Kids Making It is a Wilmington nonprofit that does much more than provide space to do woodwork. The organization teaches valuable vocational, entrepreneurial and life skills to at-risk, low-income and disadvantaged youth.
Started by Jimmy Pierce in 1996, it has evolved and now has five woodworking programs and yearly serves 1,100 youths, ages 7-25.
Kids Making It has three main goals: to help youth stay in school, stay out of trouble, and transition to college or the workforce. The program is designed to be a positive influence in the participants’ lives and provide consistent mentorship.
In addition to life skills, participants can earn an income and learn financial skills. The organization has a storefront at 617 Castle St. that exhibits and sells the work. The youth earn 100 percent of the sales of their projects. In the past year, the store brought in more than $44,000.
Kevin Blackburn started volunteering as a woodworking instructor in 2012 and is now the executive director.
“Woodworking is a huge part of what we do, but it is really the tool we use to connect with kids to help provide them with a positive experience, something we hope can build their confidence and belief in their abilities — they see a challenge and think they can tackle that,” Blackburn says.
The After School Entrepreneurial Woodworking Program, which currently consists of 15 youths, instructs participants in safe and efficient tool use. Once trained, they can make whatever they’d like.
“I feel fortunate to be part of a program that teaches skills to kids, helping them go from insecure young teens to confident, capable young adults, ready to take on the world,” says program lead Billy Phillips.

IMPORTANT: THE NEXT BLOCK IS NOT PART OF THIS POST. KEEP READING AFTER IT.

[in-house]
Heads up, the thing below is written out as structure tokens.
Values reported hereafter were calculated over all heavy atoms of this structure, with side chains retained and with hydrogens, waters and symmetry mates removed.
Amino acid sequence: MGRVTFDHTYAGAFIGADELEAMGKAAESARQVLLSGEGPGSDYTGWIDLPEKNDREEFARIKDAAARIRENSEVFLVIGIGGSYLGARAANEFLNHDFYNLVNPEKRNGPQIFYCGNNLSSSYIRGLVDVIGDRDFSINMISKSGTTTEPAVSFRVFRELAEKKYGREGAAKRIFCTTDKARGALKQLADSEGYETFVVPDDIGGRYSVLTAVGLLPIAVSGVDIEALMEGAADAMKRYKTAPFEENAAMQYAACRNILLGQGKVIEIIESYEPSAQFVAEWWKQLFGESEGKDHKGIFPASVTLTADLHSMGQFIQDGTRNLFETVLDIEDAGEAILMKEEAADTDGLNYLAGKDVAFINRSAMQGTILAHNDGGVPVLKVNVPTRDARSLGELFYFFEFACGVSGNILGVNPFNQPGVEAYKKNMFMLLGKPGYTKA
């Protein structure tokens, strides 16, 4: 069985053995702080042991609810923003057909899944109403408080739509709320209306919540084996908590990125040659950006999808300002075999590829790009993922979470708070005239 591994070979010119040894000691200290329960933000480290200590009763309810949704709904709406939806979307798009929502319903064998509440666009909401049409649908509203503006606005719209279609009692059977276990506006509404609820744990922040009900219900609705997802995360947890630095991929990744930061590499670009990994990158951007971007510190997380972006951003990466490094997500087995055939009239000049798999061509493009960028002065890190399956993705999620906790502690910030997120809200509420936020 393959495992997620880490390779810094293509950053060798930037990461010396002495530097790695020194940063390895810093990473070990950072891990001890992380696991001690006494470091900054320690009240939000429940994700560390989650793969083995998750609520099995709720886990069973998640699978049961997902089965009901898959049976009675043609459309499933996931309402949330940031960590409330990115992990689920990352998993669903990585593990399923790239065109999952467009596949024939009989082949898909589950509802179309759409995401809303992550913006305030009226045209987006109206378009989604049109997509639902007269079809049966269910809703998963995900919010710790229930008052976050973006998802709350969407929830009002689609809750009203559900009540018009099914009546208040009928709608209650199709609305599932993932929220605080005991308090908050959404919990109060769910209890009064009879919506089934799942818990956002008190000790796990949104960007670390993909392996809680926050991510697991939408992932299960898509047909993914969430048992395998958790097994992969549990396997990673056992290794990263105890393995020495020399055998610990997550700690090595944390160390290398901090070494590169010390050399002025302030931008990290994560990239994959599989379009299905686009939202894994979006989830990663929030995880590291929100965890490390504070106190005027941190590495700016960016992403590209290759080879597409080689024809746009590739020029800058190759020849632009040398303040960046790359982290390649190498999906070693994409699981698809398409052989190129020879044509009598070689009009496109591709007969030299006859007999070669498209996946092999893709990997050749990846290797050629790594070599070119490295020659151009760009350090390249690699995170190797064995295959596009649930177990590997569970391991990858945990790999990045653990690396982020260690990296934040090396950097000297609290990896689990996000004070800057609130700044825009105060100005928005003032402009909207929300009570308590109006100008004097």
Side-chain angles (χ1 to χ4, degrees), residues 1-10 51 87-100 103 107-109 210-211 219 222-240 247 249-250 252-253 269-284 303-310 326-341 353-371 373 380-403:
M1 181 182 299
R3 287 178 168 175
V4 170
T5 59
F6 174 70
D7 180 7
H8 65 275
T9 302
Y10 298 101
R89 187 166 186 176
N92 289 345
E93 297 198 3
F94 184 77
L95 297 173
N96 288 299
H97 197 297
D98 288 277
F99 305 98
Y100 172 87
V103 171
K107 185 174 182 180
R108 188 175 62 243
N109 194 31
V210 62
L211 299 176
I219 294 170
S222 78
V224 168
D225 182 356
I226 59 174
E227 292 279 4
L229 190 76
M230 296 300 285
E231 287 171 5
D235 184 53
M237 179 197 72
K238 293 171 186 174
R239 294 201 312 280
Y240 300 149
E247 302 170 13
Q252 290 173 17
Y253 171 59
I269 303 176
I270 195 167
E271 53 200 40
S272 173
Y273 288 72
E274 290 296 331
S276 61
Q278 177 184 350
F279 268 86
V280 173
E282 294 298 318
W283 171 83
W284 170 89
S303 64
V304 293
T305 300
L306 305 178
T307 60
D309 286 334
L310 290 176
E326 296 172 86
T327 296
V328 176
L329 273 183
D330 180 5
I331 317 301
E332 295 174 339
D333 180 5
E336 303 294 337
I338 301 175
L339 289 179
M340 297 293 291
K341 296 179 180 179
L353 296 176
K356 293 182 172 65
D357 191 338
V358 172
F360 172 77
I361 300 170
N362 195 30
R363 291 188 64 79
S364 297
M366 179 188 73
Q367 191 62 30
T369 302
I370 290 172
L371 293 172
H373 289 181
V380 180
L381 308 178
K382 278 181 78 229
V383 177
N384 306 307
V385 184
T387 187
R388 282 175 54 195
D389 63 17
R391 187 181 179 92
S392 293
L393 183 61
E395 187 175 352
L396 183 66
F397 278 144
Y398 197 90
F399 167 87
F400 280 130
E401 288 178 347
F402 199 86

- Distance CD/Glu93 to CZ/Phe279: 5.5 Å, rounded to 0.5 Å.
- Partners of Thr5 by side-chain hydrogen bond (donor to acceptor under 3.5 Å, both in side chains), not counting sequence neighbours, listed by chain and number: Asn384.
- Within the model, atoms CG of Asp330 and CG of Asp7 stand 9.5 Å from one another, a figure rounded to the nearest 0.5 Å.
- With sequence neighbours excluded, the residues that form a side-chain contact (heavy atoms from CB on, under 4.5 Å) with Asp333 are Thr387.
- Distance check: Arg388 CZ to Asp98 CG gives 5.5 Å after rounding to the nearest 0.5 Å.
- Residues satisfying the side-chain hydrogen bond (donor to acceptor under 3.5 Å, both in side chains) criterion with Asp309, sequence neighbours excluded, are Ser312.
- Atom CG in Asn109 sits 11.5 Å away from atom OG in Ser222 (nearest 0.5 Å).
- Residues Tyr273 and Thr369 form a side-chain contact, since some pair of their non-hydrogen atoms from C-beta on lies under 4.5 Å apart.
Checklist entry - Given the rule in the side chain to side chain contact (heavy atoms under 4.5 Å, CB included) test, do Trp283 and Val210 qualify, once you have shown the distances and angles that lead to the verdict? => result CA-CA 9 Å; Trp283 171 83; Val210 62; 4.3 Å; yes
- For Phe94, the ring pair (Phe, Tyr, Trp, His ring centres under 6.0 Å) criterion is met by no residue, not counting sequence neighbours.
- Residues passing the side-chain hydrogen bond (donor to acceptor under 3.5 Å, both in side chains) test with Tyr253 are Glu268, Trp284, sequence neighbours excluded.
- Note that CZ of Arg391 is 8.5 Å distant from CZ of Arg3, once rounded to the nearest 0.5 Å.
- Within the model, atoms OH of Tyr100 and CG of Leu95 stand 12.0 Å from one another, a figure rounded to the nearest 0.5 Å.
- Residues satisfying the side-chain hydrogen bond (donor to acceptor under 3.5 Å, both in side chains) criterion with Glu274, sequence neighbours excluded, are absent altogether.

The kids sell what they create in the store, which is fully stocked with cutting boards and other work.
The Skill Trades Program provides instruction in core trades to young adults. It specializes in teaching youth and young adults about construction carpentry, electrical, plumbing and HVAC, useful skills to help them become strong candidates to enter the workforce.
“That’s something that’s exciting to see as a benefit,” Blackburn says. “They are gaining vocational skills — learning how to use tools, how to plan, think ahead, and on a small scale getting comfortable trying things out and adapting. If a project fails or a piece of wood breaks, it shows them they can adapt, roll with things, and make a success out of most challenges that come their way.”
The Apprenticeship Program consists of young adults over the age of 18 who are hired to do special projects. There are currently three apprentices who create woodwork for clients including area nonprofits, the District Attorney’s office, and the county. Businesses and individuals can place custom orders, such as cellphone holders, cutting boards, awards — anything that can be crafted of wood. All proceeds go back to the nonprofit.
Kids Making It also has an outreach program where employees go to public housing sites, the MLK center, YMCA, and community centers to teach an introduction to woodworking class to ages 7-12. Employees also host therapeutic woodworking in domestic violence shelters in six counties.
Additionally, Kids Making It offers a program in partnership with Voyage of Wilmington that connects teens with summer jobs. More than 100 youth were placed in jobs this year. It is the first job for many, and a great opportunity to enter the workforce and gain valuable skills.